Saturday, January 17, 2015

Hopes for the New Millenium

Rev. Jeffrey Symynkywicz, January 2, 2000

With yesterday's dawn,
a new year arrived--
new decade, in fact,
new century,
millennium even:
a major milestone in the way we human ones
reckon time.
According to God's time, all dawns are new beginnings,
continual reenactments of that first dawn of Creation,
the birth of that great fire ball
that brought us into being
and blessed us from the first:
the wheel keeps turning; the cycle doesn't cease
or even pause;
each moment speaks of newness
and the chance for new beginnings and fresh insights--
why wait, then, for man-made milestones
every year or thousand
to begin again the building of our lives upon this earth?
But wait we do, in our human sort of way,
and so, with the dawn of a new age--
better late than never--
let us resolve yet again
to begin yet again.
As I start to list the changes needed,
hopes and dreams to be deferred no longer,
the list grows long, too long.
My list is not unique, I know:
Five billion lists like mine our planet needs
to be born over.
So many deeds cry out to be done,
and always urgently.
Time passes; the world moves on...
Another millennium squandered would be too long:
It is time to seize the hour and seize the day, we know.
But that takes real work.
It is so much easier merely to despair,
Or return again to life on the surface of things,
where nothing is born,
and nothing changes.
With so many virtues, so many hopes
crying out to be nurtured within our souls,
the question nags:
Where do we beginto begin again?
These seven, chosen centuries ago
seem as good a place as any:
May this fresh, new century--
Ours to foster or to ruin--
bring to me, and you, and all of us
these seven virtues of the mind and soul:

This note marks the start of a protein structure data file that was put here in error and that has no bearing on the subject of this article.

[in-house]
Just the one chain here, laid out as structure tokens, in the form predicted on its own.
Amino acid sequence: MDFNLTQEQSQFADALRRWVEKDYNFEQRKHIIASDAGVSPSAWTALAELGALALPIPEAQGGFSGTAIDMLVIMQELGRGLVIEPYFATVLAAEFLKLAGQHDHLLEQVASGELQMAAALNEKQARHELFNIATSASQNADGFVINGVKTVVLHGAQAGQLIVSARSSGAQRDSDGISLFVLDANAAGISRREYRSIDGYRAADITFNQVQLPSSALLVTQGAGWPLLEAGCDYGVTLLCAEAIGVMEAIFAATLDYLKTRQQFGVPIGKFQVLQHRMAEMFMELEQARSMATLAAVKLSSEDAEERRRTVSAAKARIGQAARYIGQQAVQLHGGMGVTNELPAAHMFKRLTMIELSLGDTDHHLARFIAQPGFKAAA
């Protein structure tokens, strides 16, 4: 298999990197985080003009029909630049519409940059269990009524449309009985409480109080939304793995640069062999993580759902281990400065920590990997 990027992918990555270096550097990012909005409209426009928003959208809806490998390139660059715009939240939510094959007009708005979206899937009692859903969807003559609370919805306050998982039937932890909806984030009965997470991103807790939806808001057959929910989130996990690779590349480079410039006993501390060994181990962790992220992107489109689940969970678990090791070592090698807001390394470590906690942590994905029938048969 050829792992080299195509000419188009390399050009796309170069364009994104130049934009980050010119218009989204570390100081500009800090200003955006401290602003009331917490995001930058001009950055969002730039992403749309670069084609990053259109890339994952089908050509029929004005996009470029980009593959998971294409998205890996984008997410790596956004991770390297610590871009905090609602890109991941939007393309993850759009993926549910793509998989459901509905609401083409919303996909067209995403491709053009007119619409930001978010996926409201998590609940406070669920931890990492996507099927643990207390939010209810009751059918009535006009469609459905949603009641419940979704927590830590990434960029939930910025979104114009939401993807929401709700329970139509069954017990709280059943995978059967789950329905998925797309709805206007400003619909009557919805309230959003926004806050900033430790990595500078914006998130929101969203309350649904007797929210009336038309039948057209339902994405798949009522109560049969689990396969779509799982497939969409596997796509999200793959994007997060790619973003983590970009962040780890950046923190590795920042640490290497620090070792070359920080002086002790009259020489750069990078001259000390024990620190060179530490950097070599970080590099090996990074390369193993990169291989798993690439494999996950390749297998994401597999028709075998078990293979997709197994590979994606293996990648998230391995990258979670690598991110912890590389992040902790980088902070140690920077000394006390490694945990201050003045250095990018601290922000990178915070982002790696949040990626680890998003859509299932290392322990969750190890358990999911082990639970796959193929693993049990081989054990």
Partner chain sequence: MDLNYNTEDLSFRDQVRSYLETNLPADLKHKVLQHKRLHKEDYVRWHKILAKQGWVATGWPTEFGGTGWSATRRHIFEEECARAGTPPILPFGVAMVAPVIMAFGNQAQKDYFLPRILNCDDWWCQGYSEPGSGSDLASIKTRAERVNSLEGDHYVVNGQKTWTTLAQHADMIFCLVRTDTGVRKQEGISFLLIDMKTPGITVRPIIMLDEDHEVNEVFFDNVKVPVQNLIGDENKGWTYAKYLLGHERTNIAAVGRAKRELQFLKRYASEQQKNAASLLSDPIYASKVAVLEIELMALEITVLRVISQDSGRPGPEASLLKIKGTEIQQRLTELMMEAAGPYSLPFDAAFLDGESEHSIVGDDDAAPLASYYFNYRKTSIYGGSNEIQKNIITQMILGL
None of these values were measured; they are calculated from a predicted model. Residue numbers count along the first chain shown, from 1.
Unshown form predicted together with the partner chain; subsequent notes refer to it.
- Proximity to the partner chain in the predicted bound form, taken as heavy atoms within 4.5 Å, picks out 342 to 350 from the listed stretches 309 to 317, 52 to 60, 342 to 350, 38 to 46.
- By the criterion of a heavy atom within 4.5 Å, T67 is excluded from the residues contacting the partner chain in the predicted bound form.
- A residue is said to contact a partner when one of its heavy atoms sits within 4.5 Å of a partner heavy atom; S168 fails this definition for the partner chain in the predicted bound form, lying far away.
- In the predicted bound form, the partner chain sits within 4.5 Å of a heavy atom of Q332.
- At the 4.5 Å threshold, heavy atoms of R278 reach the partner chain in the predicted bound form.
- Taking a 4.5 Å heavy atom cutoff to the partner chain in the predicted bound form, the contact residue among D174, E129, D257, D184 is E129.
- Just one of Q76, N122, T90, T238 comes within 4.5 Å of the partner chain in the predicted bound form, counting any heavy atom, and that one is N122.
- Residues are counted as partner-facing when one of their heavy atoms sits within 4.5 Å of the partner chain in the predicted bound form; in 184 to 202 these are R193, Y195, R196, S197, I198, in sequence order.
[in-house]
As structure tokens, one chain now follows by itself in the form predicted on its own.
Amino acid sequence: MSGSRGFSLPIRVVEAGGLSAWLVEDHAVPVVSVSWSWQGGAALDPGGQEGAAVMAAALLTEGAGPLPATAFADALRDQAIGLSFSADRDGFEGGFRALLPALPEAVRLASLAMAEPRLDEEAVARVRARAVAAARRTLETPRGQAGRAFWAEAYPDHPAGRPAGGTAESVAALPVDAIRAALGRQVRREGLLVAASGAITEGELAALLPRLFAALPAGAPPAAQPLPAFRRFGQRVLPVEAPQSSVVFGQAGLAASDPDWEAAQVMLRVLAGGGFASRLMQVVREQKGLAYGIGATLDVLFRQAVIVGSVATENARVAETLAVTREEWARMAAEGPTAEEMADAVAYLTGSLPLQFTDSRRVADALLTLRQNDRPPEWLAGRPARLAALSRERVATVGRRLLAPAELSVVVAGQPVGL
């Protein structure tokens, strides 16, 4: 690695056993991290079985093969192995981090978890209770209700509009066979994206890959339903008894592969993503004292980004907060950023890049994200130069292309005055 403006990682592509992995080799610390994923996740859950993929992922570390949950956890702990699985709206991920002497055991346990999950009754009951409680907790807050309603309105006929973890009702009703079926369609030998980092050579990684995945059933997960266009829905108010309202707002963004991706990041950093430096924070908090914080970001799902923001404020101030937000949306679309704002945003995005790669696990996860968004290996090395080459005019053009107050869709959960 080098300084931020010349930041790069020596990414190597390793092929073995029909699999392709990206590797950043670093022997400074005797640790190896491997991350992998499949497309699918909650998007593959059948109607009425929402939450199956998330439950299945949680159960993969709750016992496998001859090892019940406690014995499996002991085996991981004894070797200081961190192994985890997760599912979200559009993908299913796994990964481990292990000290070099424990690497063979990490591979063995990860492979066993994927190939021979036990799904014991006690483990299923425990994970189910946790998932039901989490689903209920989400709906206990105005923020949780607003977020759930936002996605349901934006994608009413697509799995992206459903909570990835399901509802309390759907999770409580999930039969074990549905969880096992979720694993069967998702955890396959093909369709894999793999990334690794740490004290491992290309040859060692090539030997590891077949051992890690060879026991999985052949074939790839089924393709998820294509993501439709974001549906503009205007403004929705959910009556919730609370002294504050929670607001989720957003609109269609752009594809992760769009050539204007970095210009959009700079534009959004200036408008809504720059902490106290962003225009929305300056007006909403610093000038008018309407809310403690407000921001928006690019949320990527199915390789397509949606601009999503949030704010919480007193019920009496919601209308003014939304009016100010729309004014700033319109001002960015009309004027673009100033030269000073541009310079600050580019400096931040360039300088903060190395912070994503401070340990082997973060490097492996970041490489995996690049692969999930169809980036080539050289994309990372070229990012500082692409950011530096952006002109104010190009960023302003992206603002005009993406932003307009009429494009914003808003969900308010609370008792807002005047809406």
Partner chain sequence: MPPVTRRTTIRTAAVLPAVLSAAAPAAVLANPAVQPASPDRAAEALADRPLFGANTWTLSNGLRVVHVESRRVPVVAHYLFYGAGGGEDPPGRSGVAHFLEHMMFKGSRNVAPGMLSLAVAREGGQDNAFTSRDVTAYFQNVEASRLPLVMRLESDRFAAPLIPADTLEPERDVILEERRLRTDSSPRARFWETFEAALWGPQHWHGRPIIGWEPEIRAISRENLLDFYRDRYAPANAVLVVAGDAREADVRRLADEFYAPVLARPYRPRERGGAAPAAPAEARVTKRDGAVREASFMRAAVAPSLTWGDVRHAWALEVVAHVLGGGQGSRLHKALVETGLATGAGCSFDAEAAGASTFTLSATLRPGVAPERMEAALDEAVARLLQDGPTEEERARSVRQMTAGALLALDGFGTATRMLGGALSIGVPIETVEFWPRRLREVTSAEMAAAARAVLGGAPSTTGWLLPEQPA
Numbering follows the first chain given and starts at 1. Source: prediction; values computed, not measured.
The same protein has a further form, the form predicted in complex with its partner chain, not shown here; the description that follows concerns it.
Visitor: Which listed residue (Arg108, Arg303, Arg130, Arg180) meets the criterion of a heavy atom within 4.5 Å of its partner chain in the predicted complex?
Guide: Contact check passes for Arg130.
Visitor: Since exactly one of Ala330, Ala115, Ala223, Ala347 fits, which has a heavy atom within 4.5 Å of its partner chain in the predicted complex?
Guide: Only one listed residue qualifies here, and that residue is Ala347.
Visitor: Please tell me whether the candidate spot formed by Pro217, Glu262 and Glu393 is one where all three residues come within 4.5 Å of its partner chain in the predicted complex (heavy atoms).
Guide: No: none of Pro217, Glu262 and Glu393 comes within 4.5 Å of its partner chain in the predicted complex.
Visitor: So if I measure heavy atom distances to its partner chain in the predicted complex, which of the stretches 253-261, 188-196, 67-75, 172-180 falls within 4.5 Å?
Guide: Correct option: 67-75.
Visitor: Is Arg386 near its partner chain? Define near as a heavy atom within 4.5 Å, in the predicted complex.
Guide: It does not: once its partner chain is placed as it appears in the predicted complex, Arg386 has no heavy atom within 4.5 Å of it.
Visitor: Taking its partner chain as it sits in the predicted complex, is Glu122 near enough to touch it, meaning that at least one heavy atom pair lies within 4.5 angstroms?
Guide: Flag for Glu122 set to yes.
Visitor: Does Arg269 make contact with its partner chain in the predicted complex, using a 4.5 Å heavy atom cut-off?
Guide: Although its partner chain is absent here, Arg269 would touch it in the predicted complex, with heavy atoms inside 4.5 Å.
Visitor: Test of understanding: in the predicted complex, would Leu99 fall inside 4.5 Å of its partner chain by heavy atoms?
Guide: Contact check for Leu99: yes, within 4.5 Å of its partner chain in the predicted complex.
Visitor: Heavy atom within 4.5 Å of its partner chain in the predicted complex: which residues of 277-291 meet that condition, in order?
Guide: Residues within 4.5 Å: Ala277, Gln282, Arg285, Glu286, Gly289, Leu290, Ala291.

May we have Justice:
a deep, inner sense
that as great as our personal bliss may be,
we have no right to enjoy it at the expense of others,
and that we can never be truly happy
in a world that is unjust.
May we have Prudence:
We modern ones have become so used
to having it all, spending it all, saying it all;
may we return to a sense
that there is, sometimes, great wisdom
in saving something
for the morrow,
that there can be even greater wisdom
in leaving some words unspoken,
and even some deeds undone.
May we have Fortitude:
May we have the courage to stand alone
if need be--
to sacrifice even the comfortable, easy parts of who we are
for that whom we can become.
And then there's Temperance,
no longer a virtue merely fold old spinsters on a crusade:
in a society as wed to its addictions as ours is,
temperance may be the virtue we'll need most
to survive the years that are before us,
and to remind us that, sometimes,
the body, like the soul,
grows more by subtraction than by addition.
And then, the final three,
added by Christian hand at later date,
but speaking still down the ages to us:
Faith, hope, and love--
We'll need them, too,
God knows.
a sense of inner knowing
that miracles can happen,
that life can be born over,
that new things are always possible,
that everything can change on a new year's day...
Hope--that we, can, somehow
witness the day of our own rebirth,
and dare to do those things
to help the world
be born anew as well;
For we know:
It has to happen sometime.
It has to happen somewhere.
What better time than now?
What better place than here?
And with hope engaged in
our hearts and minds and souls
no force of heaven or hell can stop us now.
And may we have, now more than ever,
Love-- simple love:
Tielhard de Chardin once said that when
we had finished all our human building and tinkering and
harnessing and doing
and finally turned ourselves to learning to love
at last,
we would have taken part
in the second discovery of fire.
It's time. Now
as we set our feet, at first tentatively
in this first year
of this first century
of this brand new age
(at least how we reckon it).
It's time
to kindle new fires
of love.
It's time to love
and to listen:
to listen to one another,
and really hear what others might be saying to us;
to listen to our own deep inner voice,
and discern, at last,
our highest ideals and most noble aspirations;
to listen to the voice of God--
beneath the clamor, beneath the gaily ringing bells,
beneath the rage, beneath the incessant noise of society's damnable machine:
to listen to the voice of God,
still and small,
but all-powerful and wise
speaking in our ever newly reborn souls.
A blessed and peaceful New Year to you all.
Blessed be. Amen.

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